Relationships are a lot of work.
Forming new bonds, maintaining friendships, and keeping up with acquaintances is something that requires time and energy on our part. One of the most vexing issues facing social networks is trying to balance our impulse and desire to maintain more relationships than is humanly possible.
Our solution: we are automating intimacy.
We have a finite amount of time and intimacy to give, while having a seemingly infinite amount of new connections, acquaintances, and friends to maintain and cultivate. Relationships by their very nature depend on a certain level of time/energy reciprocity, and many of us feel incentivized to “hack intimacy.” Obviously we can always be more efficient in how we maintain relationships, but some of us are blurring the line by intentionally misleading recipients with automated intimacy. In an effort to scale, they are trying to masquerade these automated messages as authentic.
That is the approximate limit of stable relationships that a person has the cognitive ability to maintain. It’s referred to as Dunbar’s number, deriving from the work of British anthropologist Robin Dunbar.
Our social networks provide us with the desire (and seeming ability) to far exceed Dunbar’s number. So how do we do it? We are provided an array of shortcuts that allow us to project intimacy in order to better extend our finite level of time and mental bandwidth. Instead of spending a few minutes crafting a congratulatory message on LinkedIn, we are prompted to utilize automated intimacy tools that only need a few seconds. In other words, we want to show that we care but we don’t have the time and mental bandwidth to provide an authentic level of intimacy and care. [But we hope the recipient thinks we care.]
This conflict, of course, is not extremely new. Email newsletters and mass messages provide the classic example where the sheer number of people we would like to contact greatly outnumbers our ability to provide one-on-one intimacy. Email newsletters typically try to create a level of intimacy by personalizing the message with a fill-in-the-blank name (”Hey David!”), to create a subtle illusion that the sender is addressing just the reader. The lack of personalized content throughout the rest of the newsletter, however, clearly indicates to the reader that this is a polite tactic as opposed to an act of deception.
In the future, we will blur the lines between bot and human—automated and authentic. This is a major problem for relationships.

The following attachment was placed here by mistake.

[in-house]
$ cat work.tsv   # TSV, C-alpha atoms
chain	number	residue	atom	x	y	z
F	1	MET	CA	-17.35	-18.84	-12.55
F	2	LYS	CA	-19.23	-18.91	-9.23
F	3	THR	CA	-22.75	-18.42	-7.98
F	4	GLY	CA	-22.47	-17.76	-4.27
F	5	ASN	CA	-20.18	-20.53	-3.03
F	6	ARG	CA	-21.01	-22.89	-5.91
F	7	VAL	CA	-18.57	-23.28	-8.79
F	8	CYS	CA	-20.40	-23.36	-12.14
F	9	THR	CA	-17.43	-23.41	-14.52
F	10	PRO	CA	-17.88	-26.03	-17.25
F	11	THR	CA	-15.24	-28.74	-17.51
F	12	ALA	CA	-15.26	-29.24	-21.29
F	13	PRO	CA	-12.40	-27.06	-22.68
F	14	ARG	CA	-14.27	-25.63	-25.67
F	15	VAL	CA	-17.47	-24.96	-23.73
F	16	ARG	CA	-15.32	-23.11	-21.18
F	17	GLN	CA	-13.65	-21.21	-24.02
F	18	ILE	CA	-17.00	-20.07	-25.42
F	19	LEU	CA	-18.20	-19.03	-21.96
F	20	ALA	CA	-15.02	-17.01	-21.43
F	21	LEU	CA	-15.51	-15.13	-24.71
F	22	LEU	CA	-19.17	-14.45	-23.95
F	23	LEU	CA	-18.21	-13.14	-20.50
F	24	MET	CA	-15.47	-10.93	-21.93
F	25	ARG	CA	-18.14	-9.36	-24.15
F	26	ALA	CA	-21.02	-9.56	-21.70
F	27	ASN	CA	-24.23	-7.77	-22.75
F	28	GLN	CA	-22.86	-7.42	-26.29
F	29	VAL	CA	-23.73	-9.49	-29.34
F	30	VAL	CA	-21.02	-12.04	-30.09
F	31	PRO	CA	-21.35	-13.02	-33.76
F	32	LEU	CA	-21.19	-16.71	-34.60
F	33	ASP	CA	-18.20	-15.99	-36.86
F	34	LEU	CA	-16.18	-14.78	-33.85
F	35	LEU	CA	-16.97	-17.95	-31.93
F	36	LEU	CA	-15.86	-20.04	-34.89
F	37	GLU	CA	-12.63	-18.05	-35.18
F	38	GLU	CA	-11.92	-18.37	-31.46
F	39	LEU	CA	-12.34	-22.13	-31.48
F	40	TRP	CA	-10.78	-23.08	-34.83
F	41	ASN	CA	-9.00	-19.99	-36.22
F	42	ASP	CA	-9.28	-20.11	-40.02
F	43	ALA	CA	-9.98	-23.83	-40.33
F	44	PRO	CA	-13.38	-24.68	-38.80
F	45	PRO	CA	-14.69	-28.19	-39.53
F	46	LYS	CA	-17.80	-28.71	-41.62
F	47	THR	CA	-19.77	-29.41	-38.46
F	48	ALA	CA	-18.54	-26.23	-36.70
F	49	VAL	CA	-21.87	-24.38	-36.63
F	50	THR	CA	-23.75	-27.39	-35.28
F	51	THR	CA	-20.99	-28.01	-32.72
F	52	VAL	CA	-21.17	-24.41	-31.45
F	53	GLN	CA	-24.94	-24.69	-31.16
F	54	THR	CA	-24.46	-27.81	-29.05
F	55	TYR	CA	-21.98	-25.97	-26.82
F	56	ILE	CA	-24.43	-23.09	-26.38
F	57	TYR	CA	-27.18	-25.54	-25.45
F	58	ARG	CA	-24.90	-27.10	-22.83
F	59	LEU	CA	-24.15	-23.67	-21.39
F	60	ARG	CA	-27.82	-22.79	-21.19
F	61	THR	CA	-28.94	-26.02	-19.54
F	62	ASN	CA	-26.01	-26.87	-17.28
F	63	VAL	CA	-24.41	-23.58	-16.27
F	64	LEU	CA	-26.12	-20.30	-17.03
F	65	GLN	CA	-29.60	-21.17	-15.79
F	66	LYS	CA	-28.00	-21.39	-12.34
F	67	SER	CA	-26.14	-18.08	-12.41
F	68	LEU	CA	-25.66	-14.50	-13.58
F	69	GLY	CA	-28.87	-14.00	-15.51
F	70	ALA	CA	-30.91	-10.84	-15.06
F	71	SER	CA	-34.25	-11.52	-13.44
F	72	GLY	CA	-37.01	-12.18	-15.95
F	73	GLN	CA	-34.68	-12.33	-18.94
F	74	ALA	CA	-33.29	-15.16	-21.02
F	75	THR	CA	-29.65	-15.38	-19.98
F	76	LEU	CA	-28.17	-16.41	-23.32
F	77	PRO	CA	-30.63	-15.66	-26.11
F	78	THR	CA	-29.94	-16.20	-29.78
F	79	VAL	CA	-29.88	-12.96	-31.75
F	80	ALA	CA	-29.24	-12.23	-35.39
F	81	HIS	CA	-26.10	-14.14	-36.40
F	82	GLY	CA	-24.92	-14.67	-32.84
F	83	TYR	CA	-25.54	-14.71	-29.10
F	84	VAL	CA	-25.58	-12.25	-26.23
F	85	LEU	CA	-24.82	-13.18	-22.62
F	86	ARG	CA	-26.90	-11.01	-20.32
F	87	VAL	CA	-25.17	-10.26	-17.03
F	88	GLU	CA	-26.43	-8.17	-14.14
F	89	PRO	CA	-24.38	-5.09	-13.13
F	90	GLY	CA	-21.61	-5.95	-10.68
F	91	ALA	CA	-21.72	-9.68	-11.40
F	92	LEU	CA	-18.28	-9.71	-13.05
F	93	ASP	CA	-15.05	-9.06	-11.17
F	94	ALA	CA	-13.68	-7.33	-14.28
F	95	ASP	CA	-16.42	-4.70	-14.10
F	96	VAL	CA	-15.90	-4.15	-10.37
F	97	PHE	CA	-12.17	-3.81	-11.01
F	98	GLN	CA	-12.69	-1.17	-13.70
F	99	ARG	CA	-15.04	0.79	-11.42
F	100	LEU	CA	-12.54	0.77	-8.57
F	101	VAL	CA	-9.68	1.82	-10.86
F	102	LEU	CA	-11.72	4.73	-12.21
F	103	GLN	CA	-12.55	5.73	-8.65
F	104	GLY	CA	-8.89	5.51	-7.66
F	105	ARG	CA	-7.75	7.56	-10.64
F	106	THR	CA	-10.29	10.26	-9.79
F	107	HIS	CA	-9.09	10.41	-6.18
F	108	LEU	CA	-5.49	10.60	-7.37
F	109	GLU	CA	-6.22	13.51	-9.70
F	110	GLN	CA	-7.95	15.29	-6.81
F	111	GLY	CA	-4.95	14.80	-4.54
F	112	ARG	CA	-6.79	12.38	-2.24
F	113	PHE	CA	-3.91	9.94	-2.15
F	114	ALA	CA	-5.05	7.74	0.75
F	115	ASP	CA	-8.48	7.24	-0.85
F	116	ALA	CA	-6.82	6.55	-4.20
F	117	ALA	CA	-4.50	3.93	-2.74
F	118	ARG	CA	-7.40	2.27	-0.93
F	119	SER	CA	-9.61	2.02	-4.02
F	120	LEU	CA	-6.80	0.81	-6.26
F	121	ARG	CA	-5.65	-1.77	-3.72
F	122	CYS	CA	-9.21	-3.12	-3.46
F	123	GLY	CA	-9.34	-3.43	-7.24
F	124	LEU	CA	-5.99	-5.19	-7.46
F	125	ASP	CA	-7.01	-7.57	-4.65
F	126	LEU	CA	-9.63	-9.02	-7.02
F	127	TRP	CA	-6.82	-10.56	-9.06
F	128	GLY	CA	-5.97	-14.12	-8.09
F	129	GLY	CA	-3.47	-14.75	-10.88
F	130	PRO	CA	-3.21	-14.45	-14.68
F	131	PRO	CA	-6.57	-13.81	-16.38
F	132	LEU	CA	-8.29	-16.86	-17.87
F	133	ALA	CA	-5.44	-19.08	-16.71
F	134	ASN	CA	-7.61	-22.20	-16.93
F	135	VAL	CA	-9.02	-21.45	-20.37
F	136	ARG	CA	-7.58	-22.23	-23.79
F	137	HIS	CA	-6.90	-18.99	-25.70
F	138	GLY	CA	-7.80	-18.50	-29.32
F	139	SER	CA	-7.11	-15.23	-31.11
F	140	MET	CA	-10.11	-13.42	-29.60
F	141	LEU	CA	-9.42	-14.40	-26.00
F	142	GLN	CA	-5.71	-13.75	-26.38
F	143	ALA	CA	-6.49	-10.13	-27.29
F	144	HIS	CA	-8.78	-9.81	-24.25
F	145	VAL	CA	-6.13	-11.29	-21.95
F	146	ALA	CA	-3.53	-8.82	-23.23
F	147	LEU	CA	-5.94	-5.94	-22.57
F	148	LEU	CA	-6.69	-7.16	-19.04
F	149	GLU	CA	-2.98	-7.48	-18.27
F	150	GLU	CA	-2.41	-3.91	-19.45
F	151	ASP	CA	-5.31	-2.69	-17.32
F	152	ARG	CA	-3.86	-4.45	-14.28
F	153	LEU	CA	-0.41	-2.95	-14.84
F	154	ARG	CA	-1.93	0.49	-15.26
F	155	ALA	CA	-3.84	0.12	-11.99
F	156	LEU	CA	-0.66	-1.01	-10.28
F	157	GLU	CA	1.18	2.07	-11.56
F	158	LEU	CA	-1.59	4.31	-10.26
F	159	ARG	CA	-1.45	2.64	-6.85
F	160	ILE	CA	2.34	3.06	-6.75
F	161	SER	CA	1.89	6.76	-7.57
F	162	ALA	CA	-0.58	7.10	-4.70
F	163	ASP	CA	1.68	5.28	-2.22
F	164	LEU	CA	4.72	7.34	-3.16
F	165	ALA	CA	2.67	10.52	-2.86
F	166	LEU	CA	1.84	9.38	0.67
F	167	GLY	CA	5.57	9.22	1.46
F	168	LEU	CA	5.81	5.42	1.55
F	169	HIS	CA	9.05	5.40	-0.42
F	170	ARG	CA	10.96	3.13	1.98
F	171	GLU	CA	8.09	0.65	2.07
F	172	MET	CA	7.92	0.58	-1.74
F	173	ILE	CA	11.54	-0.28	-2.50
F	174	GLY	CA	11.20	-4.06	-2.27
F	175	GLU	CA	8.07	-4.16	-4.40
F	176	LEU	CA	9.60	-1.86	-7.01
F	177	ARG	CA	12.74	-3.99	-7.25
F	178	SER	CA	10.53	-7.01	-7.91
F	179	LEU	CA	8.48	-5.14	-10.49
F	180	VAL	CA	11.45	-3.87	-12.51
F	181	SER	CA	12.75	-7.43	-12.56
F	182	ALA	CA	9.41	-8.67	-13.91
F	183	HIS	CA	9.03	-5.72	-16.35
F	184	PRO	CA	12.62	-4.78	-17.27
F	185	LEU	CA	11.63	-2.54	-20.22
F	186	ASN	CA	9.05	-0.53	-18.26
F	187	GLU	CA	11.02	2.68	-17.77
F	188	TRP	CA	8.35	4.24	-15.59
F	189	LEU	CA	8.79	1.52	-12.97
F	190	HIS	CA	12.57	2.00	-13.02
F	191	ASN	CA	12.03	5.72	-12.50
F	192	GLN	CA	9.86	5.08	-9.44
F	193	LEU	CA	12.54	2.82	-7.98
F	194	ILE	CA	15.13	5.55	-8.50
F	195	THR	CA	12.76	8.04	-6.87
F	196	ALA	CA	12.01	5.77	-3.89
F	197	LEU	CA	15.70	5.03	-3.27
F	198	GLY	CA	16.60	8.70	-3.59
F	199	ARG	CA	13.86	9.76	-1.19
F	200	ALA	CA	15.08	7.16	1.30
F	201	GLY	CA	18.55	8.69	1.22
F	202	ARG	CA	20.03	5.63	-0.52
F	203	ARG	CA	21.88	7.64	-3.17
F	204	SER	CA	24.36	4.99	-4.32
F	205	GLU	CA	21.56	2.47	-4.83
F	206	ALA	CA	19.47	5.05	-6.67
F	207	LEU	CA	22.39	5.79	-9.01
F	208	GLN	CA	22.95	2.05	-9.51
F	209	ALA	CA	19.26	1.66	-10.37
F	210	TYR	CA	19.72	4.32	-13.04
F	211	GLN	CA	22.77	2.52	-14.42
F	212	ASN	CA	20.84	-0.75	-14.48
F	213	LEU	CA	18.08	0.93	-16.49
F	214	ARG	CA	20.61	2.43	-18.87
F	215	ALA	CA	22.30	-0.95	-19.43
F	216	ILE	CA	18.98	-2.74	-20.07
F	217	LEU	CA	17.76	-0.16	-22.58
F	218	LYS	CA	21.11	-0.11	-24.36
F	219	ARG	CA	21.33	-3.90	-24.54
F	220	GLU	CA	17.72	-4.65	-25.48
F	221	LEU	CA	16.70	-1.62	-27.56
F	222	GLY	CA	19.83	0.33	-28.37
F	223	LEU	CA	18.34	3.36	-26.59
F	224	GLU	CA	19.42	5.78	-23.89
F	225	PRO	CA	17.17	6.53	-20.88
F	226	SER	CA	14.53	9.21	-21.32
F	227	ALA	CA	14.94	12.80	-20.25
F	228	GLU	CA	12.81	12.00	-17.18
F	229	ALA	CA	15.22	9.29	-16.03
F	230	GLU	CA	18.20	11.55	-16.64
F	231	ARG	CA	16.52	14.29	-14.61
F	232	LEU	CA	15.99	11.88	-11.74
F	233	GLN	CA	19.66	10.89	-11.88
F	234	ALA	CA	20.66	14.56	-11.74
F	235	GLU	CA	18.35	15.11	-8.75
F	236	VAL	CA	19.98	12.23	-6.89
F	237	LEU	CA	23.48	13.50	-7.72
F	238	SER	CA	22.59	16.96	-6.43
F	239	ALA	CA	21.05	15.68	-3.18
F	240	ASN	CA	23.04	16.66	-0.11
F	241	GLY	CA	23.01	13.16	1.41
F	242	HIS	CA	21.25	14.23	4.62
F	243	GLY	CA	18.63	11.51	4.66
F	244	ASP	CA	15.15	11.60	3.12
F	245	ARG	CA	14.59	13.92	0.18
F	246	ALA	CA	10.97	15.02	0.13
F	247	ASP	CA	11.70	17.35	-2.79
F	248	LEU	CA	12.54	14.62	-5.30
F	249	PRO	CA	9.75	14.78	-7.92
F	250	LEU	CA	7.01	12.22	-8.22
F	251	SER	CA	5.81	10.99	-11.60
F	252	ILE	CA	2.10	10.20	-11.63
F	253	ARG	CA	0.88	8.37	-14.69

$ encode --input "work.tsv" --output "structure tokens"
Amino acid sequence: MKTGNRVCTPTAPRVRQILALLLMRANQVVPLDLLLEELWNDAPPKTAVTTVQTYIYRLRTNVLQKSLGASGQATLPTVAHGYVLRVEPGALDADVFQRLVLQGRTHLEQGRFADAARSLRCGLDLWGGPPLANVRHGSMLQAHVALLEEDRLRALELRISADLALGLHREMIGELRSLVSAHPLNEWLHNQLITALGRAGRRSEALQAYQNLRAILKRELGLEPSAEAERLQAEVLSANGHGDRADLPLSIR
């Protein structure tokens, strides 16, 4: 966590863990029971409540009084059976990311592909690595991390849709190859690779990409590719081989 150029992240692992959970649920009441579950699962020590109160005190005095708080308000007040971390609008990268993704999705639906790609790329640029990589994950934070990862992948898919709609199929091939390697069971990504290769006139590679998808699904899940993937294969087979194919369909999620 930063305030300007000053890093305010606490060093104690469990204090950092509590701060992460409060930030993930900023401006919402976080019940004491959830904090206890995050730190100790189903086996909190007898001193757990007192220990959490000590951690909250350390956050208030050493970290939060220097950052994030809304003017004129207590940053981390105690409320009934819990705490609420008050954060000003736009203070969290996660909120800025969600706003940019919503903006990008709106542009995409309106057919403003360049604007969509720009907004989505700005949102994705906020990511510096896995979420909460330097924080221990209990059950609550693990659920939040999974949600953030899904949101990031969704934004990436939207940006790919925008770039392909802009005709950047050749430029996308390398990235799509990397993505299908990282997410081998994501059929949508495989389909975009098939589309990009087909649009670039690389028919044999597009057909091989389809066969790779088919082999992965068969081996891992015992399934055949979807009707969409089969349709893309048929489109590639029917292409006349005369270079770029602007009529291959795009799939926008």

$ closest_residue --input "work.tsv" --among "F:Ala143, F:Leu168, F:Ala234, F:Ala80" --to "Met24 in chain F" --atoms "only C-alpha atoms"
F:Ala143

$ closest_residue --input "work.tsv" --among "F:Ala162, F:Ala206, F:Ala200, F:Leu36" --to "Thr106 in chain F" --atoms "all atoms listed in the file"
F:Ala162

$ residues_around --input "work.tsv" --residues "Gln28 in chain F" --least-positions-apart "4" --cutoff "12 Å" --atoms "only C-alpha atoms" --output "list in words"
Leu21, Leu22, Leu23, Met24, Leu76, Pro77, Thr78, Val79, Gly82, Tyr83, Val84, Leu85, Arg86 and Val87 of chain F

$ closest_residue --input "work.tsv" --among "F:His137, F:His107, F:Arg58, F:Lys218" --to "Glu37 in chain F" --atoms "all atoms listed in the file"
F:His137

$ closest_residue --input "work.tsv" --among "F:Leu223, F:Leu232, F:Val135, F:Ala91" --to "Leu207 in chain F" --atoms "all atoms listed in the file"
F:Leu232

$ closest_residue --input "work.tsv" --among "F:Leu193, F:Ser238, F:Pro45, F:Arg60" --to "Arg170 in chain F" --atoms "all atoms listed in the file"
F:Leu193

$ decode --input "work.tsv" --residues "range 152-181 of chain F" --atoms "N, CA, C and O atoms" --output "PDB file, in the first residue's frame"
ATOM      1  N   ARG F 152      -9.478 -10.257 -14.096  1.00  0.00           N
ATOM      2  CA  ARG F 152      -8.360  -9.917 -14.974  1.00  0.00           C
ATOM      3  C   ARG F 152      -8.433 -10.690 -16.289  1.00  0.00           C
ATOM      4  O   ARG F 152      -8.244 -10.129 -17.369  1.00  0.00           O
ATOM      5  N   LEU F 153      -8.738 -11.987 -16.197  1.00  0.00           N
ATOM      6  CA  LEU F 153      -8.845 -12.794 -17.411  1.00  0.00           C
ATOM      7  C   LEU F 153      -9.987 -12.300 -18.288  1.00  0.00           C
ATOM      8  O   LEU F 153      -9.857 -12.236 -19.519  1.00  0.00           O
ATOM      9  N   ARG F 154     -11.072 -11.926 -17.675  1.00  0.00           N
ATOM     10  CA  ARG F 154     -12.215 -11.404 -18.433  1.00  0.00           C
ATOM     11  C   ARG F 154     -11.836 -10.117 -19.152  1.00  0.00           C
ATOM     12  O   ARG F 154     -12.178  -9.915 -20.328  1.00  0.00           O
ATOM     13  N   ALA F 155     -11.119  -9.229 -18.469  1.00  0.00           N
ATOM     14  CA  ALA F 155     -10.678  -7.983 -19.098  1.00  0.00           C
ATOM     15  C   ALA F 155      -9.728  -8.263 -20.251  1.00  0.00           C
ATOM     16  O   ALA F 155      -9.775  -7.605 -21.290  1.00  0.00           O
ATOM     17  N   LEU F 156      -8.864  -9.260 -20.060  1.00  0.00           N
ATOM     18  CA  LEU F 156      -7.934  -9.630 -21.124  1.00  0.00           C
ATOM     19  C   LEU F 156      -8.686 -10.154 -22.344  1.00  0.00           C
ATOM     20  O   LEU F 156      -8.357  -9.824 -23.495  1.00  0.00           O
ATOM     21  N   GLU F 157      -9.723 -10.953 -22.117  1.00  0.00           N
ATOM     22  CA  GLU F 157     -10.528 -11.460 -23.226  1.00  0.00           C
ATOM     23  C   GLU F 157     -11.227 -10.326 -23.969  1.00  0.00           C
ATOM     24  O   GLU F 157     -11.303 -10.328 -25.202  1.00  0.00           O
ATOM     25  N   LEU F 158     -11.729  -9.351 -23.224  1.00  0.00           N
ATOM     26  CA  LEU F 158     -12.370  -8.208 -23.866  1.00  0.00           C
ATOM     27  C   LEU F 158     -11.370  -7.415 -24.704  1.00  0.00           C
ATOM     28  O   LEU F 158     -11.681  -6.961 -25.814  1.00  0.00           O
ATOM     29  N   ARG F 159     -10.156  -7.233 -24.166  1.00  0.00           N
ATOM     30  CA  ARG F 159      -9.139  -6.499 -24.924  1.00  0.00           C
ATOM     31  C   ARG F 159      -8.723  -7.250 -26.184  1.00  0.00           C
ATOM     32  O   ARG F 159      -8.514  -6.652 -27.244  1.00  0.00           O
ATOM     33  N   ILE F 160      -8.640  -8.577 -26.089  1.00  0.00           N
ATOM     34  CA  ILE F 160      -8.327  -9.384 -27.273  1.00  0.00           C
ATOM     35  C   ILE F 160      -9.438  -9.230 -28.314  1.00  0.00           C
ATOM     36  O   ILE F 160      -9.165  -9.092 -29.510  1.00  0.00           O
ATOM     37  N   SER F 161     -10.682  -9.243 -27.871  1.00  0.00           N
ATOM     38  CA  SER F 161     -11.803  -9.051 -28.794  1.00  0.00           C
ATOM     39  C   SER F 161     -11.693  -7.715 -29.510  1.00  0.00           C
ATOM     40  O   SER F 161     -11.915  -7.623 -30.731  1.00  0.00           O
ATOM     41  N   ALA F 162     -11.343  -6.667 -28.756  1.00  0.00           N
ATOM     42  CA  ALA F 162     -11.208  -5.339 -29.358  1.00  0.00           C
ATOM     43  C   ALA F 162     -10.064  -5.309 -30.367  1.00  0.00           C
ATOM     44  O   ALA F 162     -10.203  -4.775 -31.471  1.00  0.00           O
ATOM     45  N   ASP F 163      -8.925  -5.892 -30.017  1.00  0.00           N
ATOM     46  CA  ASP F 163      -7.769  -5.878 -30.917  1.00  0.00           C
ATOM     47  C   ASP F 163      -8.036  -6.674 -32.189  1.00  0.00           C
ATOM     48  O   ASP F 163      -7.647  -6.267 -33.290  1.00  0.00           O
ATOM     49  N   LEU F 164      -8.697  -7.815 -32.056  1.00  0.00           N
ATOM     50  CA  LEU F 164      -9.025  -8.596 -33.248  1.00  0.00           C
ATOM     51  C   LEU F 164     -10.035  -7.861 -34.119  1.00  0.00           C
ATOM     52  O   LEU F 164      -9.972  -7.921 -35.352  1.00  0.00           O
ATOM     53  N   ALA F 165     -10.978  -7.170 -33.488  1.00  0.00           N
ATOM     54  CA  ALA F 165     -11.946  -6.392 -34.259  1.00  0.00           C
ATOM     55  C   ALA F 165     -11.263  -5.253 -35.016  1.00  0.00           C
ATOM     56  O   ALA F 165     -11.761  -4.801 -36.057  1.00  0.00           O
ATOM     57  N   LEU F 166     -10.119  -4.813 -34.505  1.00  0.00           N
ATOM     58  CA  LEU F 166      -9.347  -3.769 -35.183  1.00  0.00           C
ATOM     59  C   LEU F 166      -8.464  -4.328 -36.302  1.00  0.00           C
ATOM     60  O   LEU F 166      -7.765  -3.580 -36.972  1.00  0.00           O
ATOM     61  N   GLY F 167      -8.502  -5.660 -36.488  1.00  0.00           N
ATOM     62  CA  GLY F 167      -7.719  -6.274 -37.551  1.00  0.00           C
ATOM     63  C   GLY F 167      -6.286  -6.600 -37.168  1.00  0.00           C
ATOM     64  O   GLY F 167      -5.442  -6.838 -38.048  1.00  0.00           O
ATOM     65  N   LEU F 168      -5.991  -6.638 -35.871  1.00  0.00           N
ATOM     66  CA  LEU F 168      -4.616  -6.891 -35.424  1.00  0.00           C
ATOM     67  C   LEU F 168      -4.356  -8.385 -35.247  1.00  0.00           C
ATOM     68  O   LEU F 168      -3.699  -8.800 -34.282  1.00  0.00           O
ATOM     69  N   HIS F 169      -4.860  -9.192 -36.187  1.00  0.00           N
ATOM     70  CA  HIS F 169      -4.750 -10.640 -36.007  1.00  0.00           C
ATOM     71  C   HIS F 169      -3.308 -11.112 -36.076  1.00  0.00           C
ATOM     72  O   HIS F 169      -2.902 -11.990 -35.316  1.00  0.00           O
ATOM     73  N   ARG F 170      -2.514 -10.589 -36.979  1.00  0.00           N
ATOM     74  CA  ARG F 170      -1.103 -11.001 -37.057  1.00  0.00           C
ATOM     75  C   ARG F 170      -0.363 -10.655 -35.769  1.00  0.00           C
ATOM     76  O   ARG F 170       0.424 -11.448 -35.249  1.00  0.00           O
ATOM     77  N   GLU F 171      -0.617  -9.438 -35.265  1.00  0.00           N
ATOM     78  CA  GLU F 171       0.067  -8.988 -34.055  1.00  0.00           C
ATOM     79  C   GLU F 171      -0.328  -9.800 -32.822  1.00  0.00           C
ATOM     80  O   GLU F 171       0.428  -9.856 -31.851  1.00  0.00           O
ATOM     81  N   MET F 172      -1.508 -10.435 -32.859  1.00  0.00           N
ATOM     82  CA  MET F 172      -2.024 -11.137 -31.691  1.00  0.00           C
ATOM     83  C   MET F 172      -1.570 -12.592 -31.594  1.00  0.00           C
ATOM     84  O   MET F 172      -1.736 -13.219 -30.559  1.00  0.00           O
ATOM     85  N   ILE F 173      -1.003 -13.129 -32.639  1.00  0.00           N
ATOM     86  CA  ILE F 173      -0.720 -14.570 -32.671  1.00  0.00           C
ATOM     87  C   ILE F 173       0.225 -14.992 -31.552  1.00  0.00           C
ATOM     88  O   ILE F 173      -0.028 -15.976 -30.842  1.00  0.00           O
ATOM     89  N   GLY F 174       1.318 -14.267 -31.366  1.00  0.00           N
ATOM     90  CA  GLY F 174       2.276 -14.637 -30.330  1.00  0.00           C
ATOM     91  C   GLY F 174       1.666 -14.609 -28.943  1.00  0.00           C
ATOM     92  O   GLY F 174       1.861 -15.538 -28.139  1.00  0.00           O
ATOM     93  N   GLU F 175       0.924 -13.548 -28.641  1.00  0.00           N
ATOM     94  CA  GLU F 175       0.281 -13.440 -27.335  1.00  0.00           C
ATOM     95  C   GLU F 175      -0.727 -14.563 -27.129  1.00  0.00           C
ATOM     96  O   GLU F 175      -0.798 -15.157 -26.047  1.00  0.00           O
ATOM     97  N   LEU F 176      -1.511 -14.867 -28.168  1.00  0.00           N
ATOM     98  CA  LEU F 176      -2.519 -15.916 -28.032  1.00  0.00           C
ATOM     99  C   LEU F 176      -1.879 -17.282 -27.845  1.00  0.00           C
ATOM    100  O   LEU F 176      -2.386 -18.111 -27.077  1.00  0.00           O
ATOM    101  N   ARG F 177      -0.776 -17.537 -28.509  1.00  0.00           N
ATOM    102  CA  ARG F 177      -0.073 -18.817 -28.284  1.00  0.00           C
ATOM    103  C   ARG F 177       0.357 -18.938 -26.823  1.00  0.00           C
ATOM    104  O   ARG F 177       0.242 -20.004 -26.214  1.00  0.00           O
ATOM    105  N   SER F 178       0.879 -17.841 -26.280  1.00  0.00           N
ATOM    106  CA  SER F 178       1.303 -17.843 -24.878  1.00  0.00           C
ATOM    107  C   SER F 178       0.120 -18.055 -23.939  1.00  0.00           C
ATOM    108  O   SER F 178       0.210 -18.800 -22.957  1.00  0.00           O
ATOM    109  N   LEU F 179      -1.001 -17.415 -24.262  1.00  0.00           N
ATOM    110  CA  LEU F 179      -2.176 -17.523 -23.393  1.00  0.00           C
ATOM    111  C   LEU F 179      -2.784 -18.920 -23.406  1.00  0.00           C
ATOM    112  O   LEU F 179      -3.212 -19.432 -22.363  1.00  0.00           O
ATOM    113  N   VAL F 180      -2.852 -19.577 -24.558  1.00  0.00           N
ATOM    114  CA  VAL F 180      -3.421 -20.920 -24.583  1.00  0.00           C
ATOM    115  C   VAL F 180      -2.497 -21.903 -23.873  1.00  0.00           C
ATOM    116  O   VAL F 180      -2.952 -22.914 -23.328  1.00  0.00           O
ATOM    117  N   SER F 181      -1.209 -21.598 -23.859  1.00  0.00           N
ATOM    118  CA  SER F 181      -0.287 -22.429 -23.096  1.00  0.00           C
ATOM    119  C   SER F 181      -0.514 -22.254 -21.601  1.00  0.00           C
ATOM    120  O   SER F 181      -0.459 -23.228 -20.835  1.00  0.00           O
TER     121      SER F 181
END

Why? Human relationships rely on understanding the thought/time/value that a person is giving. Automating intimacy creates a Seinfeldian problem for the digital age—every time we receive a message, we have to wonder: “Did a human write this?” If we think that a human wrote the message, we are more likely to respond in kind. We are returning the level of care that we think went into the message. If we know it is automated, we don’t feel the same urge to respond using our valuable time, energy, and thought.
Humans are reciprocal by nature.
The Imitation Game for our modern social networks doesn’t just involve machines masquerading as humans, but often humans-acting-as-bots-projecting-as-humans. While some people are clearly upfront with their automated messages, others are drawn towards imitation. Let’s have a look at some recent Direct Messages (DMs) I have received on Twitter to illustrate the point.
Here we have a human being upfront with using an automated tool. I know they didn’t spend time thinking about me, and I respect their transparency.
This is the classic ambiguous message. I would assume that it is automated, but at the same time we often quickly communicate in surface-level broad generalities. The message, however, is not trying to imply that the sender spent any significant amount of time/energy/thought.
Okay, now this one reeks of being disingenuous. They are most likely hoping that in a desire to inflate my ego I will suspend all my critical thinking skills. As a human, I want people to care about my work and find me impressive. That feels good! The sender is clearly trying to trigger some level of goodwill towards them, when it would certainly seem to be a blanket message. As much as I want to think that my life warrants two exclamation points, I just can’t fall for this human-as-bot.
This one takes the cake. After starting the message stating that they checked out my profile, the sender ends the DM with a blatant typo. “Have a great dau!!,” followed by “Day* not dau, oops!”
The err is human, so they MUST be human. Right??
Wrong. The sender’s immediate DMs had me curious to find out the level to which humans, unable to adequately scale intimacy, will go in order to project intimacy. So I followed the sender on a different Twitter account that I maintain. Lo and behold, the same typo and apology arrived.
He is an automated human projecting human error. We have reached a bizarro point where we, as humans, are having to imitate our own humanness. Perhaps my forgiveness of this bot-like behavior would be divine.
David Ryan Polgar is a three-time TEDx speaker, commentator, consultant, and co-founder of the global Digital Citizenship Summit. Often referred to as a “Tech Ethicist,” he explores our evolving relationship with social media and tech from an ethical, legal, and emotional perspective. TechEthicist.com